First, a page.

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Sunday, March 7, 2010


tarbaby watches the dogs

TarBaby went outside an hour or so ago. Martha had evidently gone home and TarBaby knew it. He was cautious. On the back porch I have some stacked wooden chairs with bottoms up. He likes to get in that cage and lie on the woven chair bottom. He's safe there. But he went across the road right away on a mission, like yesterday. Yesterday he went out the door minutes after Martha left to go home. The dogs make so much noise outside the cats lay about in the house and listen to what the dogs are doing. Twice this morning TarBaby wanted out and came nose to nose with Martha at the door. Martha hears me turn the doorknob and takes off like a bullet from wherever she is and meets me wiggling and jumping before I'm out the door.

I let them look at each other, holding the door so Martha could get her snout in, but not her whole head and shoulders. TarBaby looked at her up close, noses almost touching, Martha still and quiet, not in a pleased to meet you way, but in a stalking way. TarBaby looked at Martha eye-to-eye curiously. Martha's excitement can't be contained more than a few seconds at a time, then she breaks into squeals and wiggles. TarBaby took a couple slow steps backwards, turned his head, made a U-turn, slowly walked away listening with his ears turned back for Martha's proximity.

TarBaby stayed at his barn across the road until dark yesterday. He'll probably do the same today. He is tired of catfood. He's tired of catlitter and using the same box as the others. Tired of laying about. He wants to taste some blood again. It might be a good day for mousing with the temperature in the high 50s, snow melting a little bit, mice setting out to find something to eat, bored too with being shut down by the cold and ice. I've not heard any mouse toenails in quite awhile, probably because the cats are hunting as I sleep. If there's a mouse anywhere in the house, it will be found. TarBaby will start spending the nights out with the temperature above freezing. The night is TarBaby's time. The invisible cat.

TarBaby's balance hasn't been so good lately. It's because he's been laying about since he spent 3 weeks in the cage at the vet's in November. He's not had a chance to get out and walk around and hunt because the temperature has been below freezing and the ground covered with ice. He's learned that the dogs go home at the end of the day and return at 7:30. I understand now why he's been waking me the last 2 mornings at 6:30 to let him out. He wants to do his cat business outside. He's an outside cat at heart with indoor privileges.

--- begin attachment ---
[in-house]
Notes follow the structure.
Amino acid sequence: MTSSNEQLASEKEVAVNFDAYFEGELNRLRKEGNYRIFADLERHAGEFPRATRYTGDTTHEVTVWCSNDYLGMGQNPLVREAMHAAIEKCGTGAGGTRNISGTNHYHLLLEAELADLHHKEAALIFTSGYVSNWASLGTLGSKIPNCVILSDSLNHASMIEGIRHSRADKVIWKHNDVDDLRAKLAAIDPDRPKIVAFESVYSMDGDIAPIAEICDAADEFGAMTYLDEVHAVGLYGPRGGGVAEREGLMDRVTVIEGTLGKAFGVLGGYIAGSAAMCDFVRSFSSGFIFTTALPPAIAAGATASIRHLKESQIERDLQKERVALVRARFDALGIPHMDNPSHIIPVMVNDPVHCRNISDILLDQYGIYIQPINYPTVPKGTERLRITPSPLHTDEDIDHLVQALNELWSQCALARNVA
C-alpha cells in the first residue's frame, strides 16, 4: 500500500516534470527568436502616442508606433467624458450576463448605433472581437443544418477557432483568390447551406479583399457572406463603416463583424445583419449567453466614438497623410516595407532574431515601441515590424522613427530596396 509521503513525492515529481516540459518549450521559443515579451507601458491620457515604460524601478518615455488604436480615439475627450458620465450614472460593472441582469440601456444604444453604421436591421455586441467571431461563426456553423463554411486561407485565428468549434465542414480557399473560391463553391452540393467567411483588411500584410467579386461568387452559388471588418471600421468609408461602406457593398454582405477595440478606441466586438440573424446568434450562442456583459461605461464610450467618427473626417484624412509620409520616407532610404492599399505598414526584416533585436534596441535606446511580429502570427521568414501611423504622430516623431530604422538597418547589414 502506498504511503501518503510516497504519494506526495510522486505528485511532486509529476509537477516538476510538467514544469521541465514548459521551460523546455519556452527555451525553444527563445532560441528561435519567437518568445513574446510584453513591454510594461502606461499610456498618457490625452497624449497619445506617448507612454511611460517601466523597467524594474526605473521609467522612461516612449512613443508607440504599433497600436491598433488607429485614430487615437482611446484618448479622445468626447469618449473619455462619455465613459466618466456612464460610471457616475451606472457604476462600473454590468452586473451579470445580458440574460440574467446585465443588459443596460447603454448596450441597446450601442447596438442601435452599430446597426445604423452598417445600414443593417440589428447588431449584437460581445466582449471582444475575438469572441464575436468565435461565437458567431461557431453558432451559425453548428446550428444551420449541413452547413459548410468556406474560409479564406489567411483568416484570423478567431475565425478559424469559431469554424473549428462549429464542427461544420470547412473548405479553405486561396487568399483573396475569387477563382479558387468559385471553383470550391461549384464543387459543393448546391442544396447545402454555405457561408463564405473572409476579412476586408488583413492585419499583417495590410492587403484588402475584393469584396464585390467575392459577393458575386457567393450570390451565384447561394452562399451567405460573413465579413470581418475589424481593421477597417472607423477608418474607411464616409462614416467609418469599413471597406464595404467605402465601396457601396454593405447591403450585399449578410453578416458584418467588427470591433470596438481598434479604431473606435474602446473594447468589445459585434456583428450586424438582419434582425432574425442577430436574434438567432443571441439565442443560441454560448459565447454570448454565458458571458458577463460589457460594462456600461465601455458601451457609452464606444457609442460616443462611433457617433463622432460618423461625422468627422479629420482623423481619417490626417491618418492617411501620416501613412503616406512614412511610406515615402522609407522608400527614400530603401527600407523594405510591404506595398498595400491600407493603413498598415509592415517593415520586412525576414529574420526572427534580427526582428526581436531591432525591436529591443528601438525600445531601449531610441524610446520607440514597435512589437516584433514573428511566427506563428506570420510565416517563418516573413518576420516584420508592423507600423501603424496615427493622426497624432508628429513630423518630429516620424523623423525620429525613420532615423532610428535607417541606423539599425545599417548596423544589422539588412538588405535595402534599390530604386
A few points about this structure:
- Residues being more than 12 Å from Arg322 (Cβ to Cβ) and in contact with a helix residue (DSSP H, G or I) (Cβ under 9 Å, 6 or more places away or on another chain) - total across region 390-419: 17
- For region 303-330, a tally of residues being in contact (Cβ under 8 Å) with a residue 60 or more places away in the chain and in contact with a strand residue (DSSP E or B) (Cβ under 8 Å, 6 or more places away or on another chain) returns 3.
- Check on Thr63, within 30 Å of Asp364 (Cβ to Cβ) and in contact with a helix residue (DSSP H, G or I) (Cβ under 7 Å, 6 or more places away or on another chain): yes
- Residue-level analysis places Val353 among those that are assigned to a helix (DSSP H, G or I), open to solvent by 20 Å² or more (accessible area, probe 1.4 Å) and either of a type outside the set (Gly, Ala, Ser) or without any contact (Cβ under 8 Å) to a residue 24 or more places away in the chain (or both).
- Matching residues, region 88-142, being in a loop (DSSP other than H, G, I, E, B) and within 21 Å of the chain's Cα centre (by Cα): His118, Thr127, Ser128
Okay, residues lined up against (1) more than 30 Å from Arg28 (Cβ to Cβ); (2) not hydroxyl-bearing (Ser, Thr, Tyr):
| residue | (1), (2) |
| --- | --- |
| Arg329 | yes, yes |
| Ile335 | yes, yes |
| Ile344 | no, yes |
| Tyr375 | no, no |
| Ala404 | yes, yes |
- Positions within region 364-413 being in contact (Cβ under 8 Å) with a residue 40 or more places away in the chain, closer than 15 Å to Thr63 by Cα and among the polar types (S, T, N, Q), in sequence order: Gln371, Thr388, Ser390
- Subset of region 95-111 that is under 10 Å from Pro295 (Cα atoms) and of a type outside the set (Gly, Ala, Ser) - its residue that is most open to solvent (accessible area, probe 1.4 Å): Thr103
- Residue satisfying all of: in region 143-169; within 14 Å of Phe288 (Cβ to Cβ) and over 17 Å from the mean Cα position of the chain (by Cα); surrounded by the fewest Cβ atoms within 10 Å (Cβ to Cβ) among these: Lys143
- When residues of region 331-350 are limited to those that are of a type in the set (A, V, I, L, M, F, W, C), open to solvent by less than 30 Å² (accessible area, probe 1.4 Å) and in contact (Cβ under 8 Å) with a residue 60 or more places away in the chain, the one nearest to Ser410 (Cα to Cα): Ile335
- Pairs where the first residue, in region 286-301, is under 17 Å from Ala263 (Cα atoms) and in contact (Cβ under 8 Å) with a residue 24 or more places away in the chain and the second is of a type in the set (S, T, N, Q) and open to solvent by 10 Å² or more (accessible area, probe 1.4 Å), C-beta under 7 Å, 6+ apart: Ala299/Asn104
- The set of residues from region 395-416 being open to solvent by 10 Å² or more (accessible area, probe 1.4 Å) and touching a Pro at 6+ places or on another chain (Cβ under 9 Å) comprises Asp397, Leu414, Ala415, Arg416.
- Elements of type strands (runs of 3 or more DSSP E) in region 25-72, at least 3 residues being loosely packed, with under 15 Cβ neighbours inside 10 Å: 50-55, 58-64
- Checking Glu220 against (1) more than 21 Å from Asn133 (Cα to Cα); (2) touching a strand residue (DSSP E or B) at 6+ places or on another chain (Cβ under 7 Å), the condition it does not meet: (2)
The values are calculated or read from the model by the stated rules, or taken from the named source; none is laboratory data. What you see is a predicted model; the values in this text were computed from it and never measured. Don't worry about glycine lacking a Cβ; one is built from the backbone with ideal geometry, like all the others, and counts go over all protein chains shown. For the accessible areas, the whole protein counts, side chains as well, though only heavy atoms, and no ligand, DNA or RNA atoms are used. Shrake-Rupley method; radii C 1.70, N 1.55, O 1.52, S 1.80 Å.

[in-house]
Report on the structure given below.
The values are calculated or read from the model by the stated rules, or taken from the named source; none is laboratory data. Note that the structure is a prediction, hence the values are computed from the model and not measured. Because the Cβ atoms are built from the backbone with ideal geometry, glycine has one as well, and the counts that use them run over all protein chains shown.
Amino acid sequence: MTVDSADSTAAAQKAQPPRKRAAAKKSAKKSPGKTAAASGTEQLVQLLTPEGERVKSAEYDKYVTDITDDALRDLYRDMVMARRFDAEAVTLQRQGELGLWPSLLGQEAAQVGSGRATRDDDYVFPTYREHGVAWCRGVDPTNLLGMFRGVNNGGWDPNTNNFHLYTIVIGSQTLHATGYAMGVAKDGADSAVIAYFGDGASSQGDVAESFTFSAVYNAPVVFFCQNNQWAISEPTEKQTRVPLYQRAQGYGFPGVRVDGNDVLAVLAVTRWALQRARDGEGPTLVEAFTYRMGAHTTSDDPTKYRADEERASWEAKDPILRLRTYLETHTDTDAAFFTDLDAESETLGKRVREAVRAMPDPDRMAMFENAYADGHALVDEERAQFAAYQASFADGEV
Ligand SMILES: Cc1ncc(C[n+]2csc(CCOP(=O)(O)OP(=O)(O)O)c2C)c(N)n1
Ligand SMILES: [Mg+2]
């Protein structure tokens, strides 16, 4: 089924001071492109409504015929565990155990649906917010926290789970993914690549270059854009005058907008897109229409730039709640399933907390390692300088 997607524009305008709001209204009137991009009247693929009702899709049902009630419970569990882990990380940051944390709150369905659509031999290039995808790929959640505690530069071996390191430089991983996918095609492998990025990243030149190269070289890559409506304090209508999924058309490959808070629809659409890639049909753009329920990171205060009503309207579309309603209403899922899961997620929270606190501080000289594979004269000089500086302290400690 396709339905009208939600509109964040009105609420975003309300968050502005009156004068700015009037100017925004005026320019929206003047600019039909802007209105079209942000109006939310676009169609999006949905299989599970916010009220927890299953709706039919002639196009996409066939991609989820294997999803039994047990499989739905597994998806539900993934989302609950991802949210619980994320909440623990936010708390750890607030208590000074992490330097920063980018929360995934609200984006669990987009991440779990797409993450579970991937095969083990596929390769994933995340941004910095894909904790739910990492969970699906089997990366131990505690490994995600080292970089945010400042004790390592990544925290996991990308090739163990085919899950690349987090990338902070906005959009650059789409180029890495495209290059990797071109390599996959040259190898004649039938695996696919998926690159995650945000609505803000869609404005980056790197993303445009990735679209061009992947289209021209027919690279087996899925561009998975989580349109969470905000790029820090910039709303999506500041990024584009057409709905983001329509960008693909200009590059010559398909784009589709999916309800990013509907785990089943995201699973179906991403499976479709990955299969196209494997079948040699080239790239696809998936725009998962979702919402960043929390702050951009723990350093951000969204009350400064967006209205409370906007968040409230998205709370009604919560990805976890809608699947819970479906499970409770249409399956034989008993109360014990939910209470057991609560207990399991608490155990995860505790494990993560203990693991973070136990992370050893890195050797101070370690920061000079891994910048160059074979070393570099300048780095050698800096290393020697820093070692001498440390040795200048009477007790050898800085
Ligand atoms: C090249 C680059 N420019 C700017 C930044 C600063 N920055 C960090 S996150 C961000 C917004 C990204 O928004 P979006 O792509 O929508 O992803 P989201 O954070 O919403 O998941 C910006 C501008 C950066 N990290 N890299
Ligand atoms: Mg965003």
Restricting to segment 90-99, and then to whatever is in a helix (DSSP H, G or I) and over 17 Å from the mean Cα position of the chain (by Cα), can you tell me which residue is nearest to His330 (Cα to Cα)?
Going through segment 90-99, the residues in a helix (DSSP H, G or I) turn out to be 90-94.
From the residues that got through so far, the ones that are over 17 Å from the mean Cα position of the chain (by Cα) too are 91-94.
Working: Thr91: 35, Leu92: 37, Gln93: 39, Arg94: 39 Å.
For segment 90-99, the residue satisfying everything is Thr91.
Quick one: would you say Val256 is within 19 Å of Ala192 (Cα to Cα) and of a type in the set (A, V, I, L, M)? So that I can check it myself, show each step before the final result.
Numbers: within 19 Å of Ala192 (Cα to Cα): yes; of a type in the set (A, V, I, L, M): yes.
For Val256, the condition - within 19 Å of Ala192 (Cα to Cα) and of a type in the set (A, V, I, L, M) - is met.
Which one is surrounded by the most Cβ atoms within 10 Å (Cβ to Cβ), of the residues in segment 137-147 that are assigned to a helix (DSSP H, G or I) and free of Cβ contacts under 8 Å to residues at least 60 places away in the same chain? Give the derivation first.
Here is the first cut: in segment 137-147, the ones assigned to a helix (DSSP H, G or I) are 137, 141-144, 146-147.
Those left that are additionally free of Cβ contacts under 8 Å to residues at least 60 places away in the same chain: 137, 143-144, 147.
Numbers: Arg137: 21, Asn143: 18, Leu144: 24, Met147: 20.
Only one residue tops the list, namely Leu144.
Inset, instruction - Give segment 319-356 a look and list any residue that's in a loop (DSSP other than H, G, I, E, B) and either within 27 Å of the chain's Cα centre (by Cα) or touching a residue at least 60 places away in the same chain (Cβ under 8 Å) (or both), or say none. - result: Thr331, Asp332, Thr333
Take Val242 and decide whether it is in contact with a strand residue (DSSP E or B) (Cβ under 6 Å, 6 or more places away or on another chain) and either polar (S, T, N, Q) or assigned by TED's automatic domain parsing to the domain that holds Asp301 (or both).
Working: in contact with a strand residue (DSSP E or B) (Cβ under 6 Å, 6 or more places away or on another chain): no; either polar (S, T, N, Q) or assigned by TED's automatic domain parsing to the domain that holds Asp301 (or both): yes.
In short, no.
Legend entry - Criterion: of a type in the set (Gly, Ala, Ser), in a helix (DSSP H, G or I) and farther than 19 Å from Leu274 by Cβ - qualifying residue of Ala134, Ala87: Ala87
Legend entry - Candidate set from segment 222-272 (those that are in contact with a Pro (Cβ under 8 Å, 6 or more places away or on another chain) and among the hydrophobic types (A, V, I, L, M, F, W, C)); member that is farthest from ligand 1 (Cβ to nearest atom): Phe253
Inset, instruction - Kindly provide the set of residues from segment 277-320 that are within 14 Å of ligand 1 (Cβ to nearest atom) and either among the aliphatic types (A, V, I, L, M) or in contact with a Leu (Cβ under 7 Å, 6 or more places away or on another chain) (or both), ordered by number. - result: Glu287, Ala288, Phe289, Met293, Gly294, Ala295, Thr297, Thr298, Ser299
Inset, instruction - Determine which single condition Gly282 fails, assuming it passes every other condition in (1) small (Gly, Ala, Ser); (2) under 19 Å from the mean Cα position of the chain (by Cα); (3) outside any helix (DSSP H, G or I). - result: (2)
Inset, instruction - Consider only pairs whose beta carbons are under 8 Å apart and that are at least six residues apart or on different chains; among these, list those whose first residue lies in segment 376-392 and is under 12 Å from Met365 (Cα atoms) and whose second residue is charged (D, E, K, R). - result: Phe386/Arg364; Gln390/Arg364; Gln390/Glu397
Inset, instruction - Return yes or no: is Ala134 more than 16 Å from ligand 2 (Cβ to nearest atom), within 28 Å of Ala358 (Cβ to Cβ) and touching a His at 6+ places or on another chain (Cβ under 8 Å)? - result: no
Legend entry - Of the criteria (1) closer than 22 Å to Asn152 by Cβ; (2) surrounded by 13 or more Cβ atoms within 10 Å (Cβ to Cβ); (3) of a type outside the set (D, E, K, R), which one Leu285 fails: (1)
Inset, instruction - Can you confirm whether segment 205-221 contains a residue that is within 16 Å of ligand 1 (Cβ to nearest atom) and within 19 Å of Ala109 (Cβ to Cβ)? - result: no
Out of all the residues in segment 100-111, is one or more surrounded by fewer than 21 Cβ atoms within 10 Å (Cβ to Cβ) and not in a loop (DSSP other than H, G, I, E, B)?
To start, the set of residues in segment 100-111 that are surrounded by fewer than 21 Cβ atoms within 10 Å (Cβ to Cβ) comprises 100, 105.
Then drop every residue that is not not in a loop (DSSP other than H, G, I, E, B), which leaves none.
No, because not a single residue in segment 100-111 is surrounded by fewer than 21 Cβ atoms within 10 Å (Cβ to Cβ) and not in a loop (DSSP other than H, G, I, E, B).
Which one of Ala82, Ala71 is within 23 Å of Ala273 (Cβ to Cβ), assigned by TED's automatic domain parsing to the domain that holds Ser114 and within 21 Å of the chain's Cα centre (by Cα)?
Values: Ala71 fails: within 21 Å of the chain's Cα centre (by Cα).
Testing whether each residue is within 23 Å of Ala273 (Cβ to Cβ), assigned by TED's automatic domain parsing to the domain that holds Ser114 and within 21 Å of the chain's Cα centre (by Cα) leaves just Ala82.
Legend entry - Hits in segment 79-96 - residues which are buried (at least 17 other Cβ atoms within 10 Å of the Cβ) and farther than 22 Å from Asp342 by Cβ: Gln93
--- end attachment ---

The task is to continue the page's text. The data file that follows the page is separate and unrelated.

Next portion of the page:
He likes to go walking with me, but his territorial boundary doesn't extend as far as I like to walk. Anyplace out of sight of the house is out of bounds. He starts calling to me in a lonesome, worried tone of voice. When I stop, he reaches up my leg fully stretched out and sinks his claws in. He wants me to hold him. I hold him and he's wanting to go home. Turn around and go home. Not deeper into the world of the wild animals that roam about looking for a cat to eat. It's a very real concern, too, considering coyotes eat cats. They're genocide to the feral cat population. Tar might be able to evade 1, but not 2. It's been 4 months since he's been able to get out and survey his world, see what's new, what's changed, see if the good mouse hunting places are still good. And to get away from the other cats. He's out of shape and getting older.

The little barn across the road only allows entry to a possum or smaller. It's a good shelter for a cat. He knows how to get around in the place. It's so secure, I expect he can sleep there without a concern. Though, I'd bet he sleeps with ears awake. I'm glad to see he's getting out, that he's learned the rhythm of the daily dog visitations, when not to be out. I feel like he has complete understanding of what he's doing and I'm glad he's able now to stretch his muscles and limber his joints, get ninja cat back in shape for spring when mice and rabbits make lots of bite-sized snacks. We like chocolate. Cats like blood.

Again this spring I'll be hearing the squeak-squeak of sweet little bunnies screaming in horror being carried in a cat's mouth to the table wherever TarBaby decides is a good spot to have a picnic. Often, he likes to take them to the kitchen where the cats eat and let me hear all of it. When he's done there's just a spot of blood smear on the floor. I wipe it up with a paper towel and that's it. You get used to quite a lot living with cats.

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